Recipes, Beef Recipes

Braised ox cheeks, flageolet beans & turnips

The mean months are here to stay for a while and so it’s time to bring out the tanks. Classed as offal, Ox cheek not only has a delicious flavour, and tender gluey texture, but also goes lenient on the more distracted cook. In fact, the longer you cook it the more tender and giving it becomes. This is definitely hefty French farm food and I highly advise relief in the form of sharp Dijon mustard and a bottle of good claret as lifting accompaniments.

Braised ox cheeks, flageolet beans & turnips

Braised ox cheeks, flageolet beans & turnips

Recipe by

Serves 6 hungry humans


  • 2 x 800g packs Ox Cheeks trimmed and cut in large half fist sized chunks 

  • 12 small long (banana) shallots, peeled and left whole

  • 2 tbsp olive oil, plus a little extra

  • 1 garlic bulb, split into cloves and peeled whole

  • 1½ tbsp red wine vinegar

  • 2 tsp caster sugar

  • 2 tbsp plain flour

  • 75g butter

  • 3 tbsp tomato purée

  • 600ml homemade beef stock

  • 300ml Côtes du Rhône 

  • a large sprig of fresh thyme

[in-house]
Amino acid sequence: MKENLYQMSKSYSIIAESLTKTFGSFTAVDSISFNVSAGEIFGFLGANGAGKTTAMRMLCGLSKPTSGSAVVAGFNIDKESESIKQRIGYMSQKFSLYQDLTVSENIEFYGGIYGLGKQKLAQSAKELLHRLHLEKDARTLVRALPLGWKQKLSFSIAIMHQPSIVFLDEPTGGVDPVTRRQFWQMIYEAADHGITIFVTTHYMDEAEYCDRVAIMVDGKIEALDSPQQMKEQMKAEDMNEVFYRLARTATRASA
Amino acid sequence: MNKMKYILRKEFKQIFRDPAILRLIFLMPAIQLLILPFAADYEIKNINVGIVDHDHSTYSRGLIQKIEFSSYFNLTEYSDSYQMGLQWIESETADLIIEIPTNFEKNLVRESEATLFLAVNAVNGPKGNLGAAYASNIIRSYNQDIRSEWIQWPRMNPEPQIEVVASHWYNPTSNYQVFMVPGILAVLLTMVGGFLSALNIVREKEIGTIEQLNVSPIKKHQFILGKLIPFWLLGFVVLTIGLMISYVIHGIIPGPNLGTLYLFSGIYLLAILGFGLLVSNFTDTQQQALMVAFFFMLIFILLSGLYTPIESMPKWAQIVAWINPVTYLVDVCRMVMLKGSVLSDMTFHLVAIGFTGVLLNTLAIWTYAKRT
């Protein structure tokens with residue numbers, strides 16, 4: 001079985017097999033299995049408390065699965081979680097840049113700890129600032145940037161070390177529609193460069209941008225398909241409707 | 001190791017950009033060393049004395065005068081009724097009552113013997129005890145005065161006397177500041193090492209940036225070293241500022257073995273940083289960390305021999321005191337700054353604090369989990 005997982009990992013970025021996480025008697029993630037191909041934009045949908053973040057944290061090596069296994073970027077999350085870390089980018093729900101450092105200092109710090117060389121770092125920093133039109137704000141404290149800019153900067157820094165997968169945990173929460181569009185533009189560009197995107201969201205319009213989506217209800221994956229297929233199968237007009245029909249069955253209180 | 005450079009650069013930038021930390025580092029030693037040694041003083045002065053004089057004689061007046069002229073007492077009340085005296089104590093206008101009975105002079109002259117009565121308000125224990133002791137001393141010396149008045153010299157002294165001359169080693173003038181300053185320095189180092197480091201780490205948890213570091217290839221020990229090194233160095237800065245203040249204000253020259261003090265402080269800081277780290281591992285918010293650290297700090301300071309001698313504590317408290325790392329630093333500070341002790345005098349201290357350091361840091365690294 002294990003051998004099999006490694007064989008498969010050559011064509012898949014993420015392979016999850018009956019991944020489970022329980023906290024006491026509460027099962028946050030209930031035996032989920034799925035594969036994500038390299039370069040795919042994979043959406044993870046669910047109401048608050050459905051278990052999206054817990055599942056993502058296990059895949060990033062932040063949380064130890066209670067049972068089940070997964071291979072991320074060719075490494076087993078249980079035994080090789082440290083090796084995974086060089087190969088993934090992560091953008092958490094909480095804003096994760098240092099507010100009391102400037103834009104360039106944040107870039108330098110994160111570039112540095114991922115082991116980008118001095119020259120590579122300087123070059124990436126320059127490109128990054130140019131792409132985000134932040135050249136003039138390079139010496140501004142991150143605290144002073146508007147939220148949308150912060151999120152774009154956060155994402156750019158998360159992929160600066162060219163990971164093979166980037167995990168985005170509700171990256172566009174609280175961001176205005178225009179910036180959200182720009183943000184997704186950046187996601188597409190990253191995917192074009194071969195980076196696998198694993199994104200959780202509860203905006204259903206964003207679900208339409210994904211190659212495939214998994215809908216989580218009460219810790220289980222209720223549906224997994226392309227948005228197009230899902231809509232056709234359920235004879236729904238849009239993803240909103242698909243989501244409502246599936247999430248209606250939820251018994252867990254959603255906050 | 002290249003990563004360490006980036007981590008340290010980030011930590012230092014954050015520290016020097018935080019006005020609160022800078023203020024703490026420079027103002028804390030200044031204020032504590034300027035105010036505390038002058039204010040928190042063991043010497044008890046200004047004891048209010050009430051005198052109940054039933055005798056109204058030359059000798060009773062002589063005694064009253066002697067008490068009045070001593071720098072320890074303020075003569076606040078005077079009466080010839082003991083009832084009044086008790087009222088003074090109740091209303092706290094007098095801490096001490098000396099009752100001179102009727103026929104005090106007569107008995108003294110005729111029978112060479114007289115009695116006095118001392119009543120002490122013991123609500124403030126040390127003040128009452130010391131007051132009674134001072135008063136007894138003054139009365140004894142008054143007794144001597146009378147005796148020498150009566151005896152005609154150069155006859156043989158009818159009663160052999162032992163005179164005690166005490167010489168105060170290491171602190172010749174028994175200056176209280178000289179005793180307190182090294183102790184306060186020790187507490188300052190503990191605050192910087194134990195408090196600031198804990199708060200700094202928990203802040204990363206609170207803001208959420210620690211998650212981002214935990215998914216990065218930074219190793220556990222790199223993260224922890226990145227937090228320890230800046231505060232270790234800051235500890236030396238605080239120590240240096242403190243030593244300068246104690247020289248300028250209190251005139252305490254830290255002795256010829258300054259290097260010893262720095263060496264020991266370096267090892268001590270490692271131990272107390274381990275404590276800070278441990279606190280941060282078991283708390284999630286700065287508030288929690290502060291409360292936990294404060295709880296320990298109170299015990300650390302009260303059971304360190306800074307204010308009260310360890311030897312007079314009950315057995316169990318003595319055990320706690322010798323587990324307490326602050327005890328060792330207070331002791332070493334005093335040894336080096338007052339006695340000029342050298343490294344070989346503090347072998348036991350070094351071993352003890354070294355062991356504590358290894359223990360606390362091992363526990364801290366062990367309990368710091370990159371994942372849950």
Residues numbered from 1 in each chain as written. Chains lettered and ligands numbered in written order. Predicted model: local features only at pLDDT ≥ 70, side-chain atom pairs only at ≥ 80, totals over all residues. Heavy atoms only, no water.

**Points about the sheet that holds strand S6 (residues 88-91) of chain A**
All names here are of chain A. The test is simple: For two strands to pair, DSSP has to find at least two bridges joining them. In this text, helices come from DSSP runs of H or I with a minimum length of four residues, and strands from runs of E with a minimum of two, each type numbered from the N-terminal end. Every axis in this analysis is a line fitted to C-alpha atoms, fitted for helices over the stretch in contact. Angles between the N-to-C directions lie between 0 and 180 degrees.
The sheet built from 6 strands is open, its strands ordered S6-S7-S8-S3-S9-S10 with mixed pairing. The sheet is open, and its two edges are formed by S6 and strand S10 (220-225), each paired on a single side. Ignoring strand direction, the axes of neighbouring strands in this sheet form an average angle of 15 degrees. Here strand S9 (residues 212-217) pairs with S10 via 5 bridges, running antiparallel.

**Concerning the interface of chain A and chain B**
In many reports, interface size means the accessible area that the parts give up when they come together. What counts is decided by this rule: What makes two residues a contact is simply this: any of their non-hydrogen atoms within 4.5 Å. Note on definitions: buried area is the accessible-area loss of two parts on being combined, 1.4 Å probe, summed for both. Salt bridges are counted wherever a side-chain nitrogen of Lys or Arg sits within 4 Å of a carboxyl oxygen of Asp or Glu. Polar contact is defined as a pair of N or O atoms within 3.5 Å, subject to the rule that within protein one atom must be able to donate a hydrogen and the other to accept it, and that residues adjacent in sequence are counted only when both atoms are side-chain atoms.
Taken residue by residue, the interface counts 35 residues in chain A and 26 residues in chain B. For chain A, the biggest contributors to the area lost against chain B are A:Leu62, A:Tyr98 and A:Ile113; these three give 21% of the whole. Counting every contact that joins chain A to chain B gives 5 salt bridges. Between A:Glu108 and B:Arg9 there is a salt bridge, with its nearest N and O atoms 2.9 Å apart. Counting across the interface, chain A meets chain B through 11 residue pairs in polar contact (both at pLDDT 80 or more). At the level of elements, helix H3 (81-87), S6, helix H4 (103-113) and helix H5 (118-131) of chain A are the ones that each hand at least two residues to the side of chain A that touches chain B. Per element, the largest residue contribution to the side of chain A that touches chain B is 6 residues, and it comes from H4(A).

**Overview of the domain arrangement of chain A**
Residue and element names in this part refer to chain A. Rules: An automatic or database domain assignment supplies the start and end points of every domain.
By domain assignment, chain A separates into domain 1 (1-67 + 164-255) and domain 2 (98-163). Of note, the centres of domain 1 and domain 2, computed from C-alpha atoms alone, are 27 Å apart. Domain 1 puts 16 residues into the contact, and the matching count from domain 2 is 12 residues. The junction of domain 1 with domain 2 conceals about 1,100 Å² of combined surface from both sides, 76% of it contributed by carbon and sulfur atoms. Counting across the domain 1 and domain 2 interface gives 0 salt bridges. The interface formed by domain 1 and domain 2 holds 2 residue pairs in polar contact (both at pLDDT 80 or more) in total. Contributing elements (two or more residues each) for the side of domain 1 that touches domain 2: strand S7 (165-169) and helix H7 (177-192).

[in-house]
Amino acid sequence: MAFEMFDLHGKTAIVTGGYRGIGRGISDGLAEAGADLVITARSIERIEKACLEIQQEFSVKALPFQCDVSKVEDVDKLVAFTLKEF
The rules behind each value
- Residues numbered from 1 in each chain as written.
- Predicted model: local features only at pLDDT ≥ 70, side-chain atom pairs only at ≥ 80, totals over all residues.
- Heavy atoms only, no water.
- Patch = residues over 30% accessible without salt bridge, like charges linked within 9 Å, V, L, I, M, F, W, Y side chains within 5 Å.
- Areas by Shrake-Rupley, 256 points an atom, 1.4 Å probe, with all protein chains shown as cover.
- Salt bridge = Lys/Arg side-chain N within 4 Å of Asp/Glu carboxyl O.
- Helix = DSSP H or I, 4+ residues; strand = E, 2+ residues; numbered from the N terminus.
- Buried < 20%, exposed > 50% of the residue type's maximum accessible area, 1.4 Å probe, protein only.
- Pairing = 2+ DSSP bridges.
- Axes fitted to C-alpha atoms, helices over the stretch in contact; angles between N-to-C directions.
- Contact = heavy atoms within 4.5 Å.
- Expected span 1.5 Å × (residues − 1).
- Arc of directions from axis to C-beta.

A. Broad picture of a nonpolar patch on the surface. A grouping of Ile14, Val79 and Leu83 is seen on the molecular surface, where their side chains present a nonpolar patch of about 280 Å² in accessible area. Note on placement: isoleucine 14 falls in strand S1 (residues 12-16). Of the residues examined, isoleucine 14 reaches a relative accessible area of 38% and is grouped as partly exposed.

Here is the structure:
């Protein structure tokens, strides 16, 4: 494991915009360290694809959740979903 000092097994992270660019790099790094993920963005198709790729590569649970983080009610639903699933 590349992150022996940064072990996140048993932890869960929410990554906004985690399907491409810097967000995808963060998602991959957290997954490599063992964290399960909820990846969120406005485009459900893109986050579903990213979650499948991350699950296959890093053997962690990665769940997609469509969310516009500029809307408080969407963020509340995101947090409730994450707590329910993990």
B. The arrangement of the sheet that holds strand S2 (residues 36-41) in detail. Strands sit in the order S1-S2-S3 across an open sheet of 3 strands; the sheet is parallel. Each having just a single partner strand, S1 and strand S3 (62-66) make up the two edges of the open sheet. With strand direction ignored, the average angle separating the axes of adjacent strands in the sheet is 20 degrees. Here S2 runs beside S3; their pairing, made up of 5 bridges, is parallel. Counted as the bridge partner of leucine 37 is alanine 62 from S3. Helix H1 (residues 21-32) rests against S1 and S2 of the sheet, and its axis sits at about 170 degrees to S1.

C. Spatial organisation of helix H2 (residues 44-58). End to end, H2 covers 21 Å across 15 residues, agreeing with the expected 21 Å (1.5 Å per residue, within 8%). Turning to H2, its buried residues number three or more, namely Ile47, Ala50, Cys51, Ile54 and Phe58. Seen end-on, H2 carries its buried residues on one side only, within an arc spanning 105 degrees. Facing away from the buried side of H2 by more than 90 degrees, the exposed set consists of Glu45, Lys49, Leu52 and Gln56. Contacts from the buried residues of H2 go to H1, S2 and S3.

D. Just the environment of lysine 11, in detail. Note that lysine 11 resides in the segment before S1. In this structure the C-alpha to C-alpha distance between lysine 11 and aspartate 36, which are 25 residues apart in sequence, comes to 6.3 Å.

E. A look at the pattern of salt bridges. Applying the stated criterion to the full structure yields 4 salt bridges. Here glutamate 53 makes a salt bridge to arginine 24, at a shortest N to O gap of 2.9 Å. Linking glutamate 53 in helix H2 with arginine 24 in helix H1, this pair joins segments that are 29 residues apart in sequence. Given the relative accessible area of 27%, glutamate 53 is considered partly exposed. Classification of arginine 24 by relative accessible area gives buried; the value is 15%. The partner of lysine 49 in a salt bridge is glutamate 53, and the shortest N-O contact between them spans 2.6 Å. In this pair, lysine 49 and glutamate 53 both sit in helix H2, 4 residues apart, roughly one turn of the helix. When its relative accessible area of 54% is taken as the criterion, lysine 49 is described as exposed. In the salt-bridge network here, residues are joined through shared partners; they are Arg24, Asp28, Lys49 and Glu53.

• 8 black peppercorns 

  • 1 large fresh bay leaf

  • 3-4 medium turnips, halved 

  • 2 x 400g tins of flageolet beans, drained and rinsed


  • In a large casserole dish, heat the olive oil and sauté the shallots carefully and slowly taking care not to burn the oil. They want to be cooked to a lovely deep golden colour.
  • When they start to colour add the garlic cloves so that they end up a rich golden colour by the time the shallots do.
  • Splash all with the vinegar and evaporate it. Scatter the sugar over the onions and garlic, continuing to cook them until the sugar caramelises, turning them an even richer deep gold.
  • Remove all to a plate.
  • Dredge the meat in seasoned flour.
  • Melt the butter in the same pan and then carefully brown the meat all over, taking great care not to burn the butter.
  • Add the tomato purée to the pan and stir it around with the beef until it begins to catch. Return the shallots and garlic with the herbs and peppercorns and then pour in the wine and stock.
  • Bring up to the gentlest ‘plup, plup, plup’ and place the lid on top, remembering that the heat will rise and will probably need to be turned down more so it’s kept at a gentle simmer.
  • Cook the meat gently for 2 -2 ½ hours until the meat is very tender. After an hour of cooking, lift the lid and poke the pieces of turnip between the meat and pour in the beans. Check to see if a little more water may be needed. Once done it should be of a gravy consistency.
  • Check the seasoning and adjust as necessary.
  • Eat with a good crusty baguette and a glass of what’s left in the bottle. Go for along walk afterwards or fall asleep!